On the road to a safer JamaicaThursday, May 13, 2021
We have seen how lasting changes in societies have primarily happened either as a result of a radical shift or due to systemic changes which happens slowly and cautiously. What is known, however, is that change must be proactive and strategic, no matter the method of implementation — radical or slowly and cautiously.
Jamaica has struggled with the issue of crime for decades. There have been crime plans, there have been special squads, and there have been complacency masked by speeches and pronouncements. Nothing has been the silver bullet expected or needed.
Human beings have a need for instant gratification which includes seeing results quickly. Given the number of pronouncements Jamaicans have heard over the last few decades, it is no wonder we get concerned when not only are things happening at what seems like a snail's pace but announcements are primarily limited to organisational matters.
To make matters triply worse, there is an ongoing soundtrack telling us there does not exist a crime plan. The psychology of what we have been 'trained' to expect, and the reality of what is needed, have not been converging.
As a people, some amongst us have been feeling distraught and upset that another Government was simply giving platitudes and doing anything substantial about the wave of crime in this beautiful, potential-rich nation in the Caribbean Sea.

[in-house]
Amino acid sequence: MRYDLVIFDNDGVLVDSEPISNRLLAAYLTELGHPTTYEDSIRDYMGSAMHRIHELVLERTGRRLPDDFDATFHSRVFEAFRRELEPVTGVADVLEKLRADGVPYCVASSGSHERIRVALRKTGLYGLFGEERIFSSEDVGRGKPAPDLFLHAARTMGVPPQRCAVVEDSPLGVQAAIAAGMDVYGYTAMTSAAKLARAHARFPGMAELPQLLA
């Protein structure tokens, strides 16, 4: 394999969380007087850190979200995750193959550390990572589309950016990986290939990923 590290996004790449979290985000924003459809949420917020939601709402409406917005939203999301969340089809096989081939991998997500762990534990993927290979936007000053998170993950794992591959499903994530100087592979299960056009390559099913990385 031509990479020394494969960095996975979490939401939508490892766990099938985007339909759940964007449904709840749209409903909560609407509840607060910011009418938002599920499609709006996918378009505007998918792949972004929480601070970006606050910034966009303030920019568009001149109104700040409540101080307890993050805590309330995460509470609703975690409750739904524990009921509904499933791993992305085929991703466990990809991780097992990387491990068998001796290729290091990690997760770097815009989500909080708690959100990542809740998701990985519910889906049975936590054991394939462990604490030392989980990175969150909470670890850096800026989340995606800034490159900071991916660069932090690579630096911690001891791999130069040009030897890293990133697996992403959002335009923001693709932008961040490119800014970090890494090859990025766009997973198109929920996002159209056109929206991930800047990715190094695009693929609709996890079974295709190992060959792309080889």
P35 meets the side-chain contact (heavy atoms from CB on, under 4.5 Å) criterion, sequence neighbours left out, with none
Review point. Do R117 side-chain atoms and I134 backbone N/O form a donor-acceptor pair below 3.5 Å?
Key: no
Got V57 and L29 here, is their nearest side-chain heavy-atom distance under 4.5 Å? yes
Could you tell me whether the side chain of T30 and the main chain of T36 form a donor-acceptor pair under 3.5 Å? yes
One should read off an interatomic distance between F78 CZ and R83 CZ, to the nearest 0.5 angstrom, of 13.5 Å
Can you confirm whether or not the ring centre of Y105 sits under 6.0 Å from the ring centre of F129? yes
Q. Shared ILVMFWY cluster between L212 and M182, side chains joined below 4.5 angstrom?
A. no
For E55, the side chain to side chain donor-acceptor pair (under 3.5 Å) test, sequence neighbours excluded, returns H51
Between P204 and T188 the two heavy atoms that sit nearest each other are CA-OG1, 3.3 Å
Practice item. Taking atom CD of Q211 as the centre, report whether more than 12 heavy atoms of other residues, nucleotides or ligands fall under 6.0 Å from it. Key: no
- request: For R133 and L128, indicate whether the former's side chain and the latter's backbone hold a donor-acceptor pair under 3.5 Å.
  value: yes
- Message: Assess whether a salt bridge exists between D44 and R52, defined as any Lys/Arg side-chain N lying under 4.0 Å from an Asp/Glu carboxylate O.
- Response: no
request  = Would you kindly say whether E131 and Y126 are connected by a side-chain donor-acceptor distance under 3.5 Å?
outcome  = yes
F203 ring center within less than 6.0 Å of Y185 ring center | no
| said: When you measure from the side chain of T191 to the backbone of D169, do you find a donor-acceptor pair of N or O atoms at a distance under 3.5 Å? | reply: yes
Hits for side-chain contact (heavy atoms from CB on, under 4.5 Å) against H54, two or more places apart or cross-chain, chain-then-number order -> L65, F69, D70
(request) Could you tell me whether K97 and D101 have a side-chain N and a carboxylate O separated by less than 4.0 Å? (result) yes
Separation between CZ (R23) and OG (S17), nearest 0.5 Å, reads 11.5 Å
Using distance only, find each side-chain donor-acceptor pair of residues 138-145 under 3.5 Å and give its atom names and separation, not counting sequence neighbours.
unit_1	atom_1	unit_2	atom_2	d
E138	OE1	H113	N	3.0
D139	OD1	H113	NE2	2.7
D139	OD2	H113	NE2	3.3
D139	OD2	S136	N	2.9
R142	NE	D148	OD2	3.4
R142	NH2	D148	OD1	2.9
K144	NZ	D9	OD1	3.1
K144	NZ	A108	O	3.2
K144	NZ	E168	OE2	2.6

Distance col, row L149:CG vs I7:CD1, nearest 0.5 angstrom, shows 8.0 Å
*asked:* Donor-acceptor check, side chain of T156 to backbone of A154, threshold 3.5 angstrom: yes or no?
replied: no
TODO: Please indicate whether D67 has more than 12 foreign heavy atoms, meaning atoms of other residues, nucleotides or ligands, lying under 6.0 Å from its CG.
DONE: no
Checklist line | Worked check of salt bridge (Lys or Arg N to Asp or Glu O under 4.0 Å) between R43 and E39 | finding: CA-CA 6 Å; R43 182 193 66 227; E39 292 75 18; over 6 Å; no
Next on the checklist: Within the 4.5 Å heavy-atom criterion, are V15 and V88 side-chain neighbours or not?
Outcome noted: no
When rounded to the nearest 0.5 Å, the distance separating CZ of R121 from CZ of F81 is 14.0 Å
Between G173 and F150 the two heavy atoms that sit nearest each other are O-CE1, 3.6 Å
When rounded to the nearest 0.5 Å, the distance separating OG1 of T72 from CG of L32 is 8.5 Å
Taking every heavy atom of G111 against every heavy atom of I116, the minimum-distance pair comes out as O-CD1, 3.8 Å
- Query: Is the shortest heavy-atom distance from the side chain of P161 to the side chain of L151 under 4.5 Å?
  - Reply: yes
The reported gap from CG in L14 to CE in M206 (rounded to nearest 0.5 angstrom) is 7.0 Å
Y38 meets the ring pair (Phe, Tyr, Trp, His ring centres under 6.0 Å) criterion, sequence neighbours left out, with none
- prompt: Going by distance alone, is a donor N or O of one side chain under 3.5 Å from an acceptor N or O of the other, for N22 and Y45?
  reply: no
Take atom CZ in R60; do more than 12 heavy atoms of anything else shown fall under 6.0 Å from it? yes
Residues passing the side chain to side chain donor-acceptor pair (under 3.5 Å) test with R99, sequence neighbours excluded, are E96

A few months ago small signs were being noticed and posted about on social media and mentioned on talk shows. Reactions ranged from hesitant hope to bold claims of change. The jaded refused to hope as there is a refusal to be disappointed once again. The political started a slight jig. Those who saw but hoped it was not true — as it did not fit the narrative of the soundtrack — remained quiet on the signs and buckled down on the narrative that failure was once again upon us in the crime department.
It is now the month of May in the year 2021 and there has been much investment in the hardware and software of crime fighting in the country. More resources and time are being invested in training police officers and equipping them with the requisite tools of the trade. Police stations have been and continue to be upgraded, new faces to the force have been recruited and retained, all this in what organisational development specialists may say is good in a relatively short period of time, but to regular citizens, it took a mighty long time.
The clearing seems to be ahead; there is hope. Many among even the jaded are no longer just holding their breaths but, instead, are reservedly looking with hope. Whatever our political leaning, or our fear of celebrating early, this is where we should don the black, green, and gold and cheer on our police officers who have come a far way in getting the guns and the bad men, all while learning to do things differently.
Are we there yet? No, we are not.
Do we seem to be on the right road? I would venture a yes.
Not yet time to dance, but certainly time to feel as though we can and will do this.
There is hope that we will go back to feeling safe and assured in our communities and the wider society. Maybe not today, but certainly soon.
Thank you to the men and women of the Jamaica Constabulary Force, we salute you and the risks you take and the organisational cultural changes you are embracing to make Jamaica safer.
Natalie Campbell-Rodriques is a senator and development consultant with a focus on political inclusion, governance, gender, and Diaspora affairs. Send comments to the Jamaica Observer or firstname.lastname@example.org.
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